3. We need to fight for each other.
Too often as women we spend so much time fighting one another. We bicker, We name call. We bully. We manipulate. We put one another down because of our own insecurities. These three women fought for one another, beside one another. They served a common purpose and that defined their interactions with each other. The same should be true of us. The way we treat others should speak the Gospel to the world around us, that is our common purpose. So whether you work or stay at home, are married or single, have kids or don't, we all share the mission of the Great Commission and a huge part of fulfilling that comes from the way we treat one another. (That goes for the men in our lives too.) Rather then bicker and fight and compete, we should encourage and support and protect each other.
They were whole in their own skin.
As women, we need to be whole in our own skin, in who God created us to be.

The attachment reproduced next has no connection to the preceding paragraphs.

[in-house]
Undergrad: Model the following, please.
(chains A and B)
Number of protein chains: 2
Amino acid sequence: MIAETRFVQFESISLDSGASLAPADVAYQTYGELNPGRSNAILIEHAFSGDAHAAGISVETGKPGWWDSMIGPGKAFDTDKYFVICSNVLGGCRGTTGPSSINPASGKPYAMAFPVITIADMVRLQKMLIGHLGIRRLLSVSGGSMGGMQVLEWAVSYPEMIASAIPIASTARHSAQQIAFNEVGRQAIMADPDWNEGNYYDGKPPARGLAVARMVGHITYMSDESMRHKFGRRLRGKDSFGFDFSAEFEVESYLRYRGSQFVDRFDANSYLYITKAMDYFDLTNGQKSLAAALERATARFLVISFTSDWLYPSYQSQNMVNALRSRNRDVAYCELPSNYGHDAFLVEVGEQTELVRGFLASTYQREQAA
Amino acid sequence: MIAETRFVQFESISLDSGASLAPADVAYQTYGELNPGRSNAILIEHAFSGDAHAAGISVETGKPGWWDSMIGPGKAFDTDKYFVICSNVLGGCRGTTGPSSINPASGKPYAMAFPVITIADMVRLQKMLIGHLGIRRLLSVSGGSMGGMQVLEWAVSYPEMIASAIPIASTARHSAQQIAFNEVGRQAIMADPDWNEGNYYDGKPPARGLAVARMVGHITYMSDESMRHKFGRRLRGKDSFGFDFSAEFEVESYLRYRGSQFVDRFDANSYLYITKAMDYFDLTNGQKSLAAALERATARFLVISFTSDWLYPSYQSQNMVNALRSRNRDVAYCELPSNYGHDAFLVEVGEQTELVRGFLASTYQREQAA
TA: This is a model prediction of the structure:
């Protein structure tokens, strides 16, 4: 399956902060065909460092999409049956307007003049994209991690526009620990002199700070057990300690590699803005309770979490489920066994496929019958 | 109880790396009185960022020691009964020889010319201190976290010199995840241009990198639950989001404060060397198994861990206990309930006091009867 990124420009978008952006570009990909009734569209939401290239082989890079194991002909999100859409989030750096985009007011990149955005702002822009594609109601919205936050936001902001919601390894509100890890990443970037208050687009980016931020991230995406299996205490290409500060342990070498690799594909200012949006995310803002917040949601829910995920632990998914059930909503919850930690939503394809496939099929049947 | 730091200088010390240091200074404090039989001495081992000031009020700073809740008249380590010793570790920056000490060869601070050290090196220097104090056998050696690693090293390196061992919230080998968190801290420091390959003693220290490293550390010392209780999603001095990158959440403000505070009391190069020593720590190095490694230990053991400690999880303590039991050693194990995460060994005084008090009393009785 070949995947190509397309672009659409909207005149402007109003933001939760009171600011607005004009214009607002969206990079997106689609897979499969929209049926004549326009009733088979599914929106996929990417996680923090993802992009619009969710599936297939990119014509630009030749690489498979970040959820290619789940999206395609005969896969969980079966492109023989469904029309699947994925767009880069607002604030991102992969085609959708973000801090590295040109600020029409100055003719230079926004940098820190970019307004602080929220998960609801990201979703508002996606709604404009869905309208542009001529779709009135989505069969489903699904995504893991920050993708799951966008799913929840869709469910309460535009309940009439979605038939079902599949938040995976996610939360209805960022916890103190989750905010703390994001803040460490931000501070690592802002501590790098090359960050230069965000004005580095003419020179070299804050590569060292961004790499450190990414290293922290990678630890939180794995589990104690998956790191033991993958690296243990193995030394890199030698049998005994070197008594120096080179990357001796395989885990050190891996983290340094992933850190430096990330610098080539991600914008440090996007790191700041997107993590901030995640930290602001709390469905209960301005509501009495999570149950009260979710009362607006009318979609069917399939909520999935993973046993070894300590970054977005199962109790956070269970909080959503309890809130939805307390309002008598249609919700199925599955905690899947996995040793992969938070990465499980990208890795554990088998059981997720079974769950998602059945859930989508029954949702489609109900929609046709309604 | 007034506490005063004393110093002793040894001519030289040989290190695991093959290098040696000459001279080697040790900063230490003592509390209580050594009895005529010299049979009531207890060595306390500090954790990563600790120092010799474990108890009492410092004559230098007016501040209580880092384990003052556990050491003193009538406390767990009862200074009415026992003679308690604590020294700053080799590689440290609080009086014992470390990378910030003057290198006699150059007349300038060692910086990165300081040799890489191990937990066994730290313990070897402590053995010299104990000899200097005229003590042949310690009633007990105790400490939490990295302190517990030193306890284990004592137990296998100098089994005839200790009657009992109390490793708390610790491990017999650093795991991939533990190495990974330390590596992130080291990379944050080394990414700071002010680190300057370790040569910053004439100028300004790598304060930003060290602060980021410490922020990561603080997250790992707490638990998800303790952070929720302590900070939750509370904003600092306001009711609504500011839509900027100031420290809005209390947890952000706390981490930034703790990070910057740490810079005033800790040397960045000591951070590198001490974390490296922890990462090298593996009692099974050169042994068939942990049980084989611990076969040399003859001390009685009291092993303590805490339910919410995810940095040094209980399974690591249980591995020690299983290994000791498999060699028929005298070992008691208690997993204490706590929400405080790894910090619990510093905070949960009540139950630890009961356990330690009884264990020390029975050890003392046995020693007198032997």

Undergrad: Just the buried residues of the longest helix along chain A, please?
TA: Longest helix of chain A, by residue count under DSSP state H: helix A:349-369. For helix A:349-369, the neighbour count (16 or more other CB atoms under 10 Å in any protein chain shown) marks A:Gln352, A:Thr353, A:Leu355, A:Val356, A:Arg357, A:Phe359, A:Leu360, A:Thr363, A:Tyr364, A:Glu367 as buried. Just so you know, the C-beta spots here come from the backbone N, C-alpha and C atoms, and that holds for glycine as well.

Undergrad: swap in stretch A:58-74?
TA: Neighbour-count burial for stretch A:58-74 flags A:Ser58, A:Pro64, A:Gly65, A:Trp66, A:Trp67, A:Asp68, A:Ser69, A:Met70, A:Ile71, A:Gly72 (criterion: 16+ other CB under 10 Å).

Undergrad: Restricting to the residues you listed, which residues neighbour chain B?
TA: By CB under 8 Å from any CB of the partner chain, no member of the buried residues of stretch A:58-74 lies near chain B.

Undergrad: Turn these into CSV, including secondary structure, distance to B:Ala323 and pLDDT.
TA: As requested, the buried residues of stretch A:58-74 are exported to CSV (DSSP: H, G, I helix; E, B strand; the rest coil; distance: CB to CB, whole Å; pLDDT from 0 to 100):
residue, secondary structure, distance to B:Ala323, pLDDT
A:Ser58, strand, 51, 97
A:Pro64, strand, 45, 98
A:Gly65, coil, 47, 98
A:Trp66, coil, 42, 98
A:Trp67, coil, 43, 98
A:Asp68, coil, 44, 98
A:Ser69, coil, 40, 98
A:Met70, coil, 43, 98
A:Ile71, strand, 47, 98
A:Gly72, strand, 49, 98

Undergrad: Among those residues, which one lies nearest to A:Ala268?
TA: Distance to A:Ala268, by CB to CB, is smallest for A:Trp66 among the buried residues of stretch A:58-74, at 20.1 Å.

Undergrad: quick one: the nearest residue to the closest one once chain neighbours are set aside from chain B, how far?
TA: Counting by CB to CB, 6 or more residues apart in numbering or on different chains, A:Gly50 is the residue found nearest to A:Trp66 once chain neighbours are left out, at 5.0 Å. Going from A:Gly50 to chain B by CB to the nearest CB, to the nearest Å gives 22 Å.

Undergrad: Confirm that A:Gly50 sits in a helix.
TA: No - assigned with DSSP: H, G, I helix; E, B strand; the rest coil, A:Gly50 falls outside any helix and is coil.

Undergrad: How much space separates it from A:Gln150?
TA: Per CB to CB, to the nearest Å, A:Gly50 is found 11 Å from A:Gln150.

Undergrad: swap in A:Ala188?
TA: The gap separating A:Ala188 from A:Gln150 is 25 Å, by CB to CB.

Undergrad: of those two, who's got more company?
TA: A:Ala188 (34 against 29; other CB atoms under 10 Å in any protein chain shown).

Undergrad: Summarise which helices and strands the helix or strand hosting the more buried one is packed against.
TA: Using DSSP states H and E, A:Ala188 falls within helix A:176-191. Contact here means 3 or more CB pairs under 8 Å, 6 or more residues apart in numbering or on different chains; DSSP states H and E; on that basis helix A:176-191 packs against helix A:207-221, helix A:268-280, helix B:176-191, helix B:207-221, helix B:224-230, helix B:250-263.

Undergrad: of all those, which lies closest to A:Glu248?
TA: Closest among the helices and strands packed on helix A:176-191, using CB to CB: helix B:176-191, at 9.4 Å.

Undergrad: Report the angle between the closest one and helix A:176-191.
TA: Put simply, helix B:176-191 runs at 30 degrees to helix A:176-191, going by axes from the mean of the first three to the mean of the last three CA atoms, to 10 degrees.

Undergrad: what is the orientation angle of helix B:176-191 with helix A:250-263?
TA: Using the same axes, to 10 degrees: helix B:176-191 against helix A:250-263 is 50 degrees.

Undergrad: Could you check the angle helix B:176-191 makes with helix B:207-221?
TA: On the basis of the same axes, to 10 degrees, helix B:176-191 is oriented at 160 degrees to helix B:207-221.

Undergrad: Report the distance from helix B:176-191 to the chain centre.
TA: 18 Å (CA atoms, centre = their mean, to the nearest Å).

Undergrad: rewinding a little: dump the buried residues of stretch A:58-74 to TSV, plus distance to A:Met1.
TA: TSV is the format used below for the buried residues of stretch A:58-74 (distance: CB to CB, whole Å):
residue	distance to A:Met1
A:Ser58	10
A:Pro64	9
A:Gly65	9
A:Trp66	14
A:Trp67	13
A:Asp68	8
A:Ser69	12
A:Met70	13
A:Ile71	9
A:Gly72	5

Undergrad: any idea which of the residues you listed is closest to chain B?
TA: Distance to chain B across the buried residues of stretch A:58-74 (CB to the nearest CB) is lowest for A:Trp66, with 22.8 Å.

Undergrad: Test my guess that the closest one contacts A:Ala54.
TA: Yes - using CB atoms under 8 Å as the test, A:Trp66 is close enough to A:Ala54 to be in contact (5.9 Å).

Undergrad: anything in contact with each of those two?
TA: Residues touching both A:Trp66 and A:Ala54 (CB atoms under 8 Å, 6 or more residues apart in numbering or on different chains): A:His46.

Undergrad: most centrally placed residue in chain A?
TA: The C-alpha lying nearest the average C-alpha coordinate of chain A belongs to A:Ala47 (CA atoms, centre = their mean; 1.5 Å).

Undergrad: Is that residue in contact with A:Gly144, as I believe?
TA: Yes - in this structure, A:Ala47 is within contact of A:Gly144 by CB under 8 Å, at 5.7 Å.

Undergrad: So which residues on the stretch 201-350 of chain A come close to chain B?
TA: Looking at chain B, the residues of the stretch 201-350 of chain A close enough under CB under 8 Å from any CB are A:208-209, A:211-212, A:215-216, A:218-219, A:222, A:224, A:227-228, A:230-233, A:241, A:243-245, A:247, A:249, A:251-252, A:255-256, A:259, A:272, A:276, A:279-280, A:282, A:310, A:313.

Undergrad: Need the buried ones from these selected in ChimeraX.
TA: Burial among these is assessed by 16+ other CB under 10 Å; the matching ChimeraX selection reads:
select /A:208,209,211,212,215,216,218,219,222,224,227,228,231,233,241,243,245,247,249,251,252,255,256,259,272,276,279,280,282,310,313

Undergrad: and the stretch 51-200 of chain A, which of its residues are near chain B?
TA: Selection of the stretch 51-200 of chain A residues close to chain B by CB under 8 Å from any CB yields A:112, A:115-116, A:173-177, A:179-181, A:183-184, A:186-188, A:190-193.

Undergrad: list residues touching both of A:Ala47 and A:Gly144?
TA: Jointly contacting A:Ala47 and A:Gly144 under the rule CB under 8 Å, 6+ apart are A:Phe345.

I was glad my daughters saw a black superhero, a noble king who led with honor and grace. (My five year old thought he was just awesome.) I am also so very glad they got an expanded picture of what it looks like to be strong women, of what I think it looks like to be a godly woman. You can disagree with my take if you want. I have seen some say that they felt the portrayal of women in Black Panther was overtly feminist. Perhaps it was. But I don't think feminist is a dirty word. I think that God values women and their contributions. I think He created every woman with just as much passion and purpose as men, including the ability to lead and pastor. I think God created women to be strong and powerful. I think God intended for women to be fierce warriors who are equal to the men in their lives and can submit to Godly authority out of their strength not out of any weakness. I think that God doesn't put women in a box, that He never intended for there to be a glass ceiling. If that is feminist than I guess I'm an overt feminist, though I like to call myself a biblical feminist. (I asked my husband how he felt about that and he told me it was cool because it was one of the reasons he loved me. That's one of the many reasons I love him.)